With the exception of World War II, it is difficult to recall a time in history when technological innovation and economic growth have intersected to the extent we are witnessing today.
But just as the GI Bill helped stimulate America in the mid-20th century, our success as we sprint toward the mid-21st century will require policymakers to focus on innovation – or this opportunity to smartly transition to electric fuel will be lost.
Everything we manufacture and consume, including food, requires both transportation and energy. The world is already more than a decade into what will be a massive transformation of this system as we transition to electric vehicles.
This is a fundamental shift that will restructure both the transportation and energy industries.
President Joe Biden’s proposed gas mileage regulations would help to cut pollution by 2026. Equally important, the administration is seeking to assure that up to 50% of all new vehicles sold in the US will be electrically powered by 2030. Major automakers concur on both points. That is unprecedented, but there are good market-based reasons why this is so.
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Additionally, the Senate last week passed a bipartisan $1 trillion infrastructure bill that includes $7.5 billion for electric vehicle charging infrastructure. That kind of expenditure can help to make EVs practical for more Americans; yet caution is advised to assure that the infrastructure involves a market-driven plan that is not a mere afterthought.
Such paradigm shifts can be unnerving, but we should embrace this change.
You may recall images from the earliest days of COVID when people around the world stopped driving and began to work virtually. Within days, satellite images showed our most air-polluted cities clearing. The Himalayas became visible again from the ground for the first time in living memory.
The lesson is that all that visible (and invisible) pollution was tied to transportation – and that we could cure it by reducing tailpipe emissions in a matter of days.
Indeed, we now have the basis for a moral imperative. An imperative that compels us because we have a technological solution at hand, which is supported by an extraordinarily strong business opportunity. This combination is rare.
The right decisions on charging technology will help to reduce “range anxiety” – a legitimate concern among consumers and fleet operators who worry about not being able to drive the distances they are accustomed to, or who would resist (as many have) the idea of “plugging in” more frequently than they do with their gas-powered vehicles.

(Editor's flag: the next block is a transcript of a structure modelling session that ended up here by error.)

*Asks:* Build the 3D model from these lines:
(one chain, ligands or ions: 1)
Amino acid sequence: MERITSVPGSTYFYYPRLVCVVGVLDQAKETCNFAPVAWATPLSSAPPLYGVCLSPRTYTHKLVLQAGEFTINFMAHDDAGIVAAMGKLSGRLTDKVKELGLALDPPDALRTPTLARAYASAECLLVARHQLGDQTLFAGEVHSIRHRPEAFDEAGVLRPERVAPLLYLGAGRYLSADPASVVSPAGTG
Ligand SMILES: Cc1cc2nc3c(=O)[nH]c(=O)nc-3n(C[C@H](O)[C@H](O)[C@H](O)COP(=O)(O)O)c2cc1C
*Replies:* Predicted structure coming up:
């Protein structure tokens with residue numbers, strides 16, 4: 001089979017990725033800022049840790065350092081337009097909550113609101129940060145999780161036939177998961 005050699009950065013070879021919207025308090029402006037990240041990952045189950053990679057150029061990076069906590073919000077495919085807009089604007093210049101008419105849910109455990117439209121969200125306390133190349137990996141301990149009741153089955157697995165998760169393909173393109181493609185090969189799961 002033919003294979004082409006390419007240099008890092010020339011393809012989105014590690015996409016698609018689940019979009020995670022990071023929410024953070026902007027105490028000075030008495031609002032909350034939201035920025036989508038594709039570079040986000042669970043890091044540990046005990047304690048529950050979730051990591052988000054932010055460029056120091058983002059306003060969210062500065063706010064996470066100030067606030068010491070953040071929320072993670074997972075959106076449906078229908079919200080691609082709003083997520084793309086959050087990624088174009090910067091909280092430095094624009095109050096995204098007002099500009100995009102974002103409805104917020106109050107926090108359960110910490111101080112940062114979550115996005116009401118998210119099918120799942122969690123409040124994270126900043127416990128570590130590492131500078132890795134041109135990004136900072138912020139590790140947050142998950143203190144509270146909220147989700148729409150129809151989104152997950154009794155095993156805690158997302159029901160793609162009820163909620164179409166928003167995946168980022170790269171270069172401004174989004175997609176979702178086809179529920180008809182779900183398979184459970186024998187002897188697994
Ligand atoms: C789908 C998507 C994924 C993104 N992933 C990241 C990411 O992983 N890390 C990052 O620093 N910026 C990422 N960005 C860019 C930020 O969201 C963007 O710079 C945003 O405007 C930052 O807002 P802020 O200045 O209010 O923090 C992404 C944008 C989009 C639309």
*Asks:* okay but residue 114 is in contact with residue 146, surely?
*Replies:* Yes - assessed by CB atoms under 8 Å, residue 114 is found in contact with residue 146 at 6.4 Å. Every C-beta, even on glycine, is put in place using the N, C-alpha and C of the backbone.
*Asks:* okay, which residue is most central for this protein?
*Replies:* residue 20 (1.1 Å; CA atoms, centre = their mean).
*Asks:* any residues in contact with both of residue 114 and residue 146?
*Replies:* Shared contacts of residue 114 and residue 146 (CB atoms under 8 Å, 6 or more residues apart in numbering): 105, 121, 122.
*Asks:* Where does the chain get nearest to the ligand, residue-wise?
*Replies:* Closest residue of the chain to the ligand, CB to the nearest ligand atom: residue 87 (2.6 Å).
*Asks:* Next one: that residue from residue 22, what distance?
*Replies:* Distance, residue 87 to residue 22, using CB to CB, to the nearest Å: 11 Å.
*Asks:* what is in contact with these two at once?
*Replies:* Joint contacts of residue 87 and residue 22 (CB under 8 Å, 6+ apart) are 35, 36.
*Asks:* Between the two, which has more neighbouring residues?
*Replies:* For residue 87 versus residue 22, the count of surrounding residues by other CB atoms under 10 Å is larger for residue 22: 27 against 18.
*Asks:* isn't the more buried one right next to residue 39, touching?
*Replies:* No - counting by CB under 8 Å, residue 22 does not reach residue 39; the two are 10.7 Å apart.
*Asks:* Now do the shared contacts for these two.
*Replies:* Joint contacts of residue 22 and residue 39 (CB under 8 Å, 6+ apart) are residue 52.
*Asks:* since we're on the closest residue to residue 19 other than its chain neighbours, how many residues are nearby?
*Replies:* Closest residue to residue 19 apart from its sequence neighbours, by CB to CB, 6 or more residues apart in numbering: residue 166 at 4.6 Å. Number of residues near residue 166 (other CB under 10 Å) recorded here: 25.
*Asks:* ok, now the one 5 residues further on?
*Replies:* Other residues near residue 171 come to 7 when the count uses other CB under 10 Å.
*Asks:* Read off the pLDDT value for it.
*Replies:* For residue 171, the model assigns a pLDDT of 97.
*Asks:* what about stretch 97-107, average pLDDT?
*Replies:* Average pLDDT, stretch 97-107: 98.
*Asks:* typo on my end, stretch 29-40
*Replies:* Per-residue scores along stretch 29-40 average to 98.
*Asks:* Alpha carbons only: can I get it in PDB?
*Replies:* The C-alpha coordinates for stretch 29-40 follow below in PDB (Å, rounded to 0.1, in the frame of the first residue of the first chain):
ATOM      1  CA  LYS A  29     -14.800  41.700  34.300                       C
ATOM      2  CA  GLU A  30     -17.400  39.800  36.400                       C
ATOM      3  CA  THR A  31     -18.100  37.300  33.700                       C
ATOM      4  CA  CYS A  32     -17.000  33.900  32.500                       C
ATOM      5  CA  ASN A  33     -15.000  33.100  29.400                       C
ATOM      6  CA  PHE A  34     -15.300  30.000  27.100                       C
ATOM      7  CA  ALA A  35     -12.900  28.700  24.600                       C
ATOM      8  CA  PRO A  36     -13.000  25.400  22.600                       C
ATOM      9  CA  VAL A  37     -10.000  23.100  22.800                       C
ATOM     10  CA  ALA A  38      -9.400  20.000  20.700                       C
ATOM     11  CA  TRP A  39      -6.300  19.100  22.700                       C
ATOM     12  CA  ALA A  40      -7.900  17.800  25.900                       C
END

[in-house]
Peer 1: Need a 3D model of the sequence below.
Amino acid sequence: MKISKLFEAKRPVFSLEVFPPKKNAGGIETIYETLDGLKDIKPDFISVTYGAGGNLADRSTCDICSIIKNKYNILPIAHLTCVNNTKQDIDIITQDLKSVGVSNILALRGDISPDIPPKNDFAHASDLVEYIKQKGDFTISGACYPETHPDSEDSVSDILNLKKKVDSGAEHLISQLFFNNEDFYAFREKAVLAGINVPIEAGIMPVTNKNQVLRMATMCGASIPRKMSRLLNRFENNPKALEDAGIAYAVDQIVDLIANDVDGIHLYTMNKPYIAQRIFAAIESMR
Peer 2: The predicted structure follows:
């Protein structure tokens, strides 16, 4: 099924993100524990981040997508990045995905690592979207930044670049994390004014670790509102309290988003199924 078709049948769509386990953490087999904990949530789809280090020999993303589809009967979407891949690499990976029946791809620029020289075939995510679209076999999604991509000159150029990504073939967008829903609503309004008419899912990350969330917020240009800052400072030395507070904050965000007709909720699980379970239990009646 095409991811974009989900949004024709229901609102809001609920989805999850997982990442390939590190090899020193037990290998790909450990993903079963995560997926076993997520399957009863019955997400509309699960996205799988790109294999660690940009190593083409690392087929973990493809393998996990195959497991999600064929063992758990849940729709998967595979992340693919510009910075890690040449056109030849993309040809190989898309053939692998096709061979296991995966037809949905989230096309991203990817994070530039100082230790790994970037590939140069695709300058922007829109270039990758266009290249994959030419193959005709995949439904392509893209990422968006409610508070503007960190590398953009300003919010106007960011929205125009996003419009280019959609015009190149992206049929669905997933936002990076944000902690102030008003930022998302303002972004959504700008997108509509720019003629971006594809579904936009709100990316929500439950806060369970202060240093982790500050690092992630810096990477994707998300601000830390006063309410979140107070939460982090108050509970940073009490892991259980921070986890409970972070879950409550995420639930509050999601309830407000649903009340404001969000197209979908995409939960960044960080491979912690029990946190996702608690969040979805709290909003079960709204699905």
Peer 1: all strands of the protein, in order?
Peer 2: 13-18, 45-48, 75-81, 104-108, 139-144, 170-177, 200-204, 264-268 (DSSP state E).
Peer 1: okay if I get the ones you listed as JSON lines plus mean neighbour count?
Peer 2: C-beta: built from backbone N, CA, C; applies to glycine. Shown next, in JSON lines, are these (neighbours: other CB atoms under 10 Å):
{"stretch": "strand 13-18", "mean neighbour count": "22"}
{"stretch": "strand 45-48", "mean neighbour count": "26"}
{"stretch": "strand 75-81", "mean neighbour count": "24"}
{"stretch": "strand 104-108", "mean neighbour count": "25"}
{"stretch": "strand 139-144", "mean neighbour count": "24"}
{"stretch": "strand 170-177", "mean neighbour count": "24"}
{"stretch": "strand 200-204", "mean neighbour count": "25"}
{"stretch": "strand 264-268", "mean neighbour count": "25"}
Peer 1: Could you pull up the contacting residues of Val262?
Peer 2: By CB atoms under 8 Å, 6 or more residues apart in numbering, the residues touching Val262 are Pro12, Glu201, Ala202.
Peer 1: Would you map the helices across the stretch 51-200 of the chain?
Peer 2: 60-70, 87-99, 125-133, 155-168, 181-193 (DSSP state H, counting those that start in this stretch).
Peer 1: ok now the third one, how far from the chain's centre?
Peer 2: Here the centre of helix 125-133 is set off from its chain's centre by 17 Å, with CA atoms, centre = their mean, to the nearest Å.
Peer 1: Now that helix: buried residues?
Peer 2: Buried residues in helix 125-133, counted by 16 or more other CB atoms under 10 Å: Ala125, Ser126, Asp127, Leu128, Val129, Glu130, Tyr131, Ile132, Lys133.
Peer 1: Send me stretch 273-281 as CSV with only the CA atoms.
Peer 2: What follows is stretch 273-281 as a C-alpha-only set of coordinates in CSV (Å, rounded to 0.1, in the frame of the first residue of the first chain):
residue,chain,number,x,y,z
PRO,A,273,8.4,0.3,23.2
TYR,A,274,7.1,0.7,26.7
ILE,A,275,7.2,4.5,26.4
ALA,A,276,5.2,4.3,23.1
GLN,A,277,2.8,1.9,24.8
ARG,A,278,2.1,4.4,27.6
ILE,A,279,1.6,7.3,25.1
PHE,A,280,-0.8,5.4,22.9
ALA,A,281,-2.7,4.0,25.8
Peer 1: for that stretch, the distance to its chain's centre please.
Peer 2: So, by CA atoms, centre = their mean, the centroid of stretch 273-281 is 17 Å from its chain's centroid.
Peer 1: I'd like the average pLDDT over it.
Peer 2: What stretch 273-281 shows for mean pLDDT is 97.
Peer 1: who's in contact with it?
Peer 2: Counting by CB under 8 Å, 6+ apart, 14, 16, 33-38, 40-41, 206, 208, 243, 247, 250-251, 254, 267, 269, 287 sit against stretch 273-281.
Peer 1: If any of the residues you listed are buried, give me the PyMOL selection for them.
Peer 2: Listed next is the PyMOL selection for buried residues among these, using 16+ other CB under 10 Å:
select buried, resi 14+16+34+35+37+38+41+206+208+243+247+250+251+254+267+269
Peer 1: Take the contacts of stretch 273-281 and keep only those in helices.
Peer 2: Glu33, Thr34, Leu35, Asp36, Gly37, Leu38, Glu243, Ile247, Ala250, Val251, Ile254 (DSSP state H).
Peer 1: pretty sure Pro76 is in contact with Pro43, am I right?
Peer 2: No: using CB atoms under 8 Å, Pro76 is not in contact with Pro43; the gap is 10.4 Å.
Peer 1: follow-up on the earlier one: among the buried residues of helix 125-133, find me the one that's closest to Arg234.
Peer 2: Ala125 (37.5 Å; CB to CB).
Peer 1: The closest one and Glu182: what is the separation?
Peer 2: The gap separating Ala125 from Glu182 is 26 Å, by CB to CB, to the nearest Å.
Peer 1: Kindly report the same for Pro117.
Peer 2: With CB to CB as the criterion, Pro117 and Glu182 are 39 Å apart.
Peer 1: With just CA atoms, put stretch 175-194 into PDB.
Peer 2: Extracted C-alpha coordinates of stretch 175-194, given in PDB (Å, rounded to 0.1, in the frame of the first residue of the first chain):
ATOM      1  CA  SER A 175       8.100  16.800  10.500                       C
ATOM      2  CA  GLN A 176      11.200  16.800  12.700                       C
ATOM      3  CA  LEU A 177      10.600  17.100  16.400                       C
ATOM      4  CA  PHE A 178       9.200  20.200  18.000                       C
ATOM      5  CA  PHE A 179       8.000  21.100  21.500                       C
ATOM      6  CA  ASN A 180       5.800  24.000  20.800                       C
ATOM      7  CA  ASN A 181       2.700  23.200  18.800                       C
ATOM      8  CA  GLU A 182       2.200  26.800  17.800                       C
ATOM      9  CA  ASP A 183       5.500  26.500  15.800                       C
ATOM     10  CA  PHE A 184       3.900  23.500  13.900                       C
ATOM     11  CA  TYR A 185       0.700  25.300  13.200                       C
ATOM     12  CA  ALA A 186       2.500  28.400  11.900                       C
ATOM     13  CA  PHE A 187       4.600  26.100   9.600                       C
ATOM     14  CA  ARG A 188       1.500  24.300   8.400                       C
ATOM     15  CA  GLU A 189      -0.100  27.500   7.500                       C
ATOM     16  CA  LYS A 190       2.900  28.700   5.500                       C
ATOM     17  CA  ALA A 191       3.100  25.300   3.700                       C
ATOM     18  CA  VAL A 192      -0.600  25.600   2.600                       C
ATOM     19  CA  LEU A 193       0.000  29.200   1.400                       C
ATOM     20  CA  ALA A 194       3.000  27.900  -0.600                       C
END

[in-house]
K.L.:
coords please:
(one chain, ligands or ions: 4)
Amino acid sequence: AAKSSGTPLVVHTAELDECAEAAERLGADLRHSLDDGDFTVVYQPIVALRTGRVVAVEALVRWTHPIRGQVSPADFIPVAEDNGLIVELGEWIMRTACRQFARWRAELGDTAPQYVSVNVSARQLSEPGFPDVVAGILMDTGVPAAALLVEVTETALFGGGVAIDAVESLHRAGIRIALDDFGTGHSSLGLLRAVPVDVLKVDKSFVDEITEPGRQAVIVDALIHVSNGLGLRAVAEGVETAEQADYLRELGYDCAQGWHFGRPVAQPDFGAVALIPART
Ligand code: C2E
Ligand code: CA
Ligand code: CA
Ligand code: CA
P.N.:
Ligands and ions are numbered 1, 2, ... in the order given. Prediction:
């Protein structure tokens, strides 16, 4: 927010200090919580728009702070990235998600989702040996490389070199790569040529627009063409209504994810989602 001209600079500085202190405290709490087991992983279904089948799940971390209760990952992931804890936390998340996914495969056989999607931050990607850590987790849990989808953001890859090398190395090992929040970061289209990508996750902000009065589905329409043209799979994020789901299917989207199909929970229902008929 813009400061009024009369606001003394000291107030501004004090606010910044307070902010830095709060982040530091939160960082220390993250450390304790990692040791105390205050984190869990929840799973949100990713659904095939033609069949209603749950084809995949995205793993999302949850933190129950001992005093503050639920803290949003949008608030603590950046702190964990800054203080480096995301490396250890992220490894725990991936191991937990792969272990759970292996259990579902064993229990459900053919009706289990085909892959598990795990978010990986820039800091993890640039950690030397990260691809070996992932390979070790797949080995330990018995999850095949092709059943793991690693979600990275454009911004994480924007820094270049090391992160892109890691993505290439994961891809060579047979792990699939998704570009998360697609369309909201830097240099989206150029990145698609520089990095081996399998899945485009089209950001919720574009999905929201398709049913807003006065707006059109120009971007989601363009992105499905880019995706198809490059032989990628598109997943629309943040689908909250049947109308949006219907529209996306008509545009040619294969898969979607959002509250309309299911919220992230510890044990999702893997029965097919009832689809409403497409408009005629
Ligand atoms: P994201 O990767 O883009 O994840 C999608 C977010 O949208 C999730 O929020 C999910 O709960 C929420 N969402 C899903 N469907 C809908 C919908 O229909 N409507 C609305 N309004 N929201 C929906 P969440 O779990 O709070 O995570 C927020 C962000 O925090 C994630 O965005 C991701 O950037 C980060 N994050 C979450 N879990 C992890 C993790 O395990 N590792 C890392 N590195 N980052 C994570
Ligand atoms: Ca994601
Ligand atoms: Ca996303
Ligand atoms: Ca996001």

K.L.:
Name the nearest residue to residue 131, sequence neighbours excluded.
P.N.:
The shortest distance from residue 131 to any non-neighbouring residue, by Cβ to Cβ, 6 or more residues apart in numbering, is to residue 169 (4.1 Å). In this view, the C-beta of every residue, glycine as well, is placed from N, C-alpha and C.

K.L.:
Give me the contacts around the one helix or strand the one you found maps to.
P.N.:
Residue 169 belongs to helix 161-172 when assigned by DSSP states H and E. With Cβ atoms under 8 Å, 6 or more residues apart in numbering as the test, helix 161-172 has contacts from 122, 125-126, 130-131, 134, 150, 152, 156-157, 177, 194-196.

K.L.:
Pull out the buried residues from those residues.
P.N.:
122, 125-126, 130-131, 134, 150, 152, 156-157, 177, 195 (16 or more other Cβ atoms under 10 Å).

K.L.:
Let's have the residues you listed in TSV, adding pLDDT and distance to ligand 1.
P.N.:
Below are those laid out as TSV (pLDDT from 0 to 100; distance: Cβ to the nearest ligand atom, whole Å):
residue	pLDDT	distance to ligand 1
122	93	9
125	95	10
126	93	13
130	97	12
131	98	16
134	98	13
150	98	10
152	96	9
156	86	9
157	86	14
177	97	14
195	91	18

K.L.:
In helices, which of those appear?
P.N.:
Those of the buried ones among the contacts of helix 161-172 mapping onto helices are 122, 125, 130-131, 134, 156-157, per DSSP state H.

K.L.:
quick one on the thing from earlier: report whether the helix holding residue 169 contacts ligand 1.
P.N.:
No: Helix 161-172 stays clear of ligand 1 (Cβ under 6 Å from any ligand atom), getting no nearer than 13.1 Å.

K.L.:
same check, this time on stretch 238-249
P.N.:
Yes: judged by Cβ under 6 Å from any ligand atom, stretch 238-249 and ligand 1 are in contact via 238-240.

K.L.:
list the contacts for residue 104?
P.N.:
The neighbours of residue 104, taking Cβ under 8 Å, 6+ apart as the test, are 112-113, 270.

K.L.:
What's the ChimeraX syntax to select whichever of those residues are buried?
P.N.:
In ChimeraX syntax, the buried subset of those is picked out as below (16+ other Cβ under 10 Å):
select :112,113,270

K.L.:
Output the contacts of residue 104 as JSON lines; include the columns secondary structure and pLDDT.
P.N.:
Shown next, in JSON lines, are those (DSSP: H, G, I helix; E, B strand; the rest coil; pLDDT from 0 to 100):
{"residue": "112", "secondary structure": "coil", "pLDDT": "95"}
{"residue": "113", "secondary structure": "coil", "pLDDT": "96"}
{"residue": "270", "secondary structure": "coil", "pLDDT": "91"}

The right decisions, if made early, will reduce the cost of maintaining the charging infrastructure – a point that is often overlooked.
Think about how interstates were planned
In their zeal to fund charging stations, it is critical that Congress establish a strategic plan for how to best build out America’s EV charging infrastructure – not unlike Eisenhower’s post-war Federal Aid-Highway Act. Otherwise, we’ll be kicking ourselves in a few years if we’ve squandered this funding.
It is vital that we not allow our century-old expectations of the 3-minute gasoline fill-up to become the model for how we fuel electric vehicles. Today, drivers are used to filling their gas tank, driving until the gauge reaches a low level, and then repeating the process by filling the tank to full again. That “full-empty-full” model takes too long and hastens the degradation of batteries. It cannot be the design for the next century.
This kind of thinking recalls the way we transitioned from horse-drawn carriages to gasoline cars over a century ago. As gasoline-fueled vehicles began to appear there were no fuel pumps, so drivers bought buckets of gasoline from a general store and filled gas tanks through a funnel.
Charging an EV by manually plugging it into a charger is very much a case of following the pattern of the old way of doing things, but it is ill-suited to both human behavior and the way batteries function.
While we may need today to transition to EVs by providing for traditional charging stations that look similar to a gas pump, we should plan for more advanced technologies that can charge EVs automatically.
The good news is these new technologies are already available. Fast and efficient automatic wireless charging has been commercialized for years and is in operation in several states and in Europe. I’m proud to oversee a team of superb engineers outside Philadelphia who are part of this global effort.
Electric charging can become seamless
Electric fueling should be so carefree that it will actually be preferable to gasoline fueling. You should never need to swipe a credit card again. The dispensing of energy ought to be as simple as electronic toll collection has become.
If our goal was to rebuild our interstate highways and bridges, would we build manned toll booths where drivers stop to hand dollar bills to an attendant, or would we use fully automated electronic toll collection?
Money allocated for EV charging in the final federal infrastructure plan must include funding for a national strategy that looks ahead and includes the ingenuity of America’s innovators. The market must play a central role in driving these decisions. This is the key to realizing the full benefits of this historic investment.